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Summer Landscaping Guide

Summer is undoubtedly one of the best seasons to enjoy your lawn. Everything is in full bloom, and the weather is beautiful enough that you can enjoy your garden landscape for more extended periods.

To maximize your fantastic lawn, you need to do proper landscaping during summer. If done right, you can look forward to incredible backyard views well into the fall season.

Click Here for our Fall Landscaping Guide

Here are some landscaping tips you can try out this summer season:

Keep Your Lawn Lush

That picture-perfect landscaped lawn you see in the movies and TV certainly is possible, but it needs constant maintenance. The problem is that, during summer, there are a lot of things that can derail your goal of the perfect lawn. One of the most common problems is pests. Insects like white grubs and webworms can cause irregular dead spots on your lawn. In most cases, your professional landscaper can solve these problems with the appropriate type of insecticide.

Fungus disease is another problem that shows up as a group of dead spots on your lawn. You can solve most of these by adjusting when and how much water and fertilizer you apply to your lawn. If you choose to use a fungicide, be sure to consult with an expert on the matter.

Dry spots can also appear due to improper watering. Check to see if your sprinklers are covering each part of your lawn evenly. Sometimes, your dog might even be to blame for some dead spots. In this case, keep them off the lawn as much as possible.

Trim Up Your Lawn

A well-trimmed lawn can make a world of difference. Sometimes, even something as simple as cutting off any excess grass growth can bring life back to your yard. Fortunately, these maintenance tasks are easy enough that you don't need to hire an experienced landscaper.

Some of the things you can do include:
  • Removing poison ivy
  • Trimming hedges
  • Removing a tree stump or boulder
  • Pruning flowers and shrubs


Pruning, in particular, is one of the best and easiest ways to ensure your lawn plants are in tip-top shape. It leads to more flowers and foliage. However, a lot of homeowners neglect to do them simply because they don’t know how. In reality, trimming is a straightforward process. Pruning is a matter of cutting in the right place at the right time. Once you've mastered the basics, it shouldn't take too long to prune your plants regularly.

Welcome Some Good Bugs To Your Lawn

Yes, insects can be icky and destructive creatures that you need to keep away from your lawn. But not all are bad for your backyard. Some are even downright beneficial.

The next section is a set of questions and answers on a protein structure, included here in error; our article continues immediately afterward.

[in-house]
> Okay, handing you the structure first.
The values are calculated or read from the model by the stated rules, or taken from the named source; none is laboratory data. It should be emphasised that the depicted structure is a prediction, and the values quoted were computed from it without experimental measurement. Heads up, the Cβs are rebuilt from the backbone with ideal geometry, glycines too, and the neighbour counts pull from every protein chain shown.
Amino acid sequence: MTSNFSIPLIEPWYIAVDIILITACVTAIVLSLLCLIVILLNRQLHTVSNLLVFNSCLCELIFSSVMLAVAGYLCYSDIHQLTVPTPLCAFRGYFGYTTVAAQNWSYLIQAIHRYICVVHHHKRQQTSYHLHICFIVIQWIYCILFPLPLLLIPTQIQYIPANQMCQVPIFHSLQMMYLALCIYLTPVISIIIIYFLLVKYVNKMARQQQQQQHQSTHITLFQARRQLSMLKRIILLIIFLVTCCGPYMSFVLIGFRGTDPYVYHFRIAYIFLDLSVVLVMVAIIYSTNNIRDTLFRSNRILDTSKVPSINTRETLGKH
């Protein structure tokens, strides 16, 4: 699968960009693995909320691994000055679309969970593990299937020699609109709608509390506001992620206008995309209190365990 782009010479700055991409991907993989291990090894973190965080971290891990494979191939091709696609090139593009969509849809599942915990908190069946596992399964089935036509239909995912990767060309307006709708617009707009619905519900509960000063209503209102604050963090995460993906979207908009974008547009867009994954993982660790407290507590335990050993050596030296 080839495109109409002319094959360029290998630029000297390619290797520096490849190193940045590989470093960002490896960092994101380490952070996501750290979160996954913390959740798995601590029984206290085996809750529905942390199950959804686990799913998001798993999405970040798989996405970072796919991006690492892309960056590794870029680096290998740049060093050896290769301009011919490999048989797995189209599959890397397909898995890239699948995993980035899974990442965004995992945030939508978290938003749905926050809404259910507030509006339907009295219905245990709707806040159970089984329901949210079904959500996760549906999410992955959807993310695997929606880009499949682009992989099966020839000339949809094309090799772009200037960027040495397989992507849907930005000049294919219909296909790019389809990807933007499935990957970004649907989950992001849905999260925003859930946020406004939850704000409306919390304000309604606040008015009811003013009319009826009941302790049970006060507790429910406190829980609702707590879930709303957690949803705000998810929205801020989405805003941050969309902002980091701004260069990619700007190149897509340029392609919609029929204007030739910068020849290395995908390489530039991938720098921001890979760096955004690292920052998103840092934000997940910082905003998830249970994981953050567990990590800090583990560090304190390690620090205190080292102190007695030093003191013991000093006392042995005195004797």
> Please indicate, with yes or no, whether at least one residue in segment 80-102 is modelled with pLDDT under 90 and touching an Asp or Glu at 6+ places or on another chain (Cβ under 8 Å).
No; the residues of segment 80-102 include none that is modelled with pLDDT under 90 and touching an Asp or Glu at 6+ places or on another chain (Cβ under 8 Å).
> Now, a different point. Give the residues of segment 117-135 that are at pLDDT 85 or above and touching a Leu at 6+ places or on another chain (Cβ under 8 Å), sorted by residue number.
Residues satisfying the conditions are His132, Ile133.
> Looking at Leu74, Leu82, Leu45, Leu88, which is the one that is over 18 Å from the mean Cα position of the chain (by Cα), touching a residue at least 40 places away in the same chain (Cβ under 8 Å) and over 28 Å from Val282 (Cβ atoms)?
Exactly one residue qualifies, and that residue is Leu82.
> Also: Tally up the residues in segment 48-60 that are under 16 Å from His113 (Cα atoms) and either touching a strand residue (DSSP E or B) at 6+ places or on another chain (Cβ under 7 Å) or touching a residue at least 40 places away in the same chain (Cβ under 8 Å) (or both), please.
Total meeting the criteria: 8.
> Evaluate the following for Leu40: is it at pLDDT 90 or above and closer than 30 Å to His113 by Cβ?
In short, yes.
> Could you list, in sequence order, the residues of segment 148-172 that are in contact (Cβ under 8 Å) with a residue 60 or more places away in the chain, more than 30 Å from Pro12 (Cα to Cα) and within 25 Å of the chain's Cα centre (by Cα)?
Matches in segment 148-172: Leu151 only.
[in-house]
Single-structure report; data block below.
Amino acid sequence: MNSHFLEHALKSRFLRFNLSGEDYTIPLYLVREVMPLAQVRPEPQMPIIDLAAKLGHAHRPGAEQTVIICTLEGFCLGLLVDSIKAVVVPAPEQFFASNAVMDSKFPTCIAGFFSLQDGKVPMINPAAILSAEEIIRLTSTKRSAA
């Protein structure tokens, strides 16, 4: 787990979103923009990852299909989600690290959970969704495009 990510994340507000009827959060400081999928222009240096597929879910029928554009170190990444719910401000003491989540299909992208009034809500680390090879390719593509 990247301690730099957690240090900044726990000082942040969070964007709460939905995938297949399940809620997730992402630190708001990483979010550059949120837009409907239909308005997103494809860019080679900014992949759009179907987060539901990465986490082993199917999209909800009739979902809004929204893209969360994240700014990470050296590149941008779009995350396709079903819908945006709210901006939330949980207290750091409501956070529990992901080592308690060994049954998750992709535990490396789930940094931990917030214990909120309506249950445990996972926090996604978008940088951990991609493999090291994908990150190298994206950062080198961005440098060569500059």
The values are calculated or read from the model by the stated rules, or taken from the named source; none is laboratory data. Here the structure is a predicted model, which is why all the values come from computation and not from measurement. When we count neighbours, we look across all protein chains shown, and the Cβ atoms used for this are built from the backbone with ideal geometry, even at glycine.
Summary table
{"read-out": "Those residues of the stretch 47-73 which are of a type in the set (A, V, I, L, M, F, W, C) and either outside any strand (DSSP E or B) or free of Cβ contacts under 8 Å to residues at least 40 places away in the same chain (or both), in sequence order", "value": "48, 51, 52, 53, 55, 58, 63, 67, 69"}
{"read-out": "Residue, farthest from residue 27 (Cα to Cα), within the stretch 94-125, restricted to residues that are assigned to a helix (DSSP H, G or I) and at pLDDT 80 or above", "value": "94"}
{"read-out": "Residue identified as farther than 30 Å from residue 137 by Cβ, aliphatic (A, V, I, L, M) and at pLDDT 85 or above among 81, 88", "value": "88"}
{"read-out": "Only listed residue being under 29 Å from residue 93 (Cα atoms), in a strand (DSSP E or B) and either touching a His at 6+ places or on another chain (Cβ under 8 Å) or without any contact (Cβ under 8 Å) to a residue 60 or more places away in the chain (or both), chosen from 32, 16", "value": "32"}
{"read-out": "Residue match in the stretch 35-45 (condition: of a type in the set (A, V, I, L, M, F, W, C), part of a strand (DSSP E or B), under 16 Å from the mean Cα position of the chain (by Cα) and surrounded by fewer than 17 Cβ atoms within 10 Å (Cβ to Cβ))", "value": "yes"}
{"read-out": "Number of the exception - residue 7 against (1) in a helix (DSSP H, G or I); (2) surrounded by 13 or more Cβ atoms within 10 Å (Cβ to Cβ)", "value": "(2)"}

Some are out to eat more harmful pests, like the praying mantis, ground beetle, or ladybug. Some are essential for pollinating plants, like the bumblebee. Ground insects like the earthworm can even enrich the soil, leading to better plant growth.

So it pays to determine which insects are doing your lawn good, and keep the insecticides well away from them.

Taking Care of Your Paths and Patios

Cracks and holes in your garden path can ruin what should be an otherwise pretty picture. Even the smallest cracks can get progressively worse over winter when ice seeps in and causes further damage.

Summer is also the best time to power-wash the walkway to make it look brand new. Repairing worn-out concrete can make it look fresh.

Seed In The Fall

It might seem too late, but fall is a great time to plant seeds. That way, come springtime the following year, you can expect to see perfect growth.

Click here for your spring landscaping guide

However, don't wait until fall to prepare your lawn for seeding. You can start as early as mid to late summer. You can cut off part of the lawn using a sod cutter, then turn the soil, sand, and compost.

Also, don’t forget to check and adjust the pH of your soil. As a rule of thumb, grass grows best with a soil pH between 6.0 to 7.5. You might also need to aerate the ground, especially if it's overly compacted.

Finally, you might need to re-feed your soil some nutrients, which the lawn spent during the rapid summer growth cycle. Opt for a fertilizer that promotes growth and greenery and apply it just before fall and just as the frost begins to appear near winter.

Plant Late Summer and Fall Bloomers

When summer begins to wind down, you'll find that your flowering plants might seem to become much less colorful. However, it doesn't mean you can't do anything about it!

To maintain the vibrant look of your lawn, consider placing late summer bloomers or even fall bloomers. These include such plants as pineapple sage and false aster. You can also opt for plants that thrive in Mediterranean climates, such as lavender or sage.

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Langhorne, PA 19047
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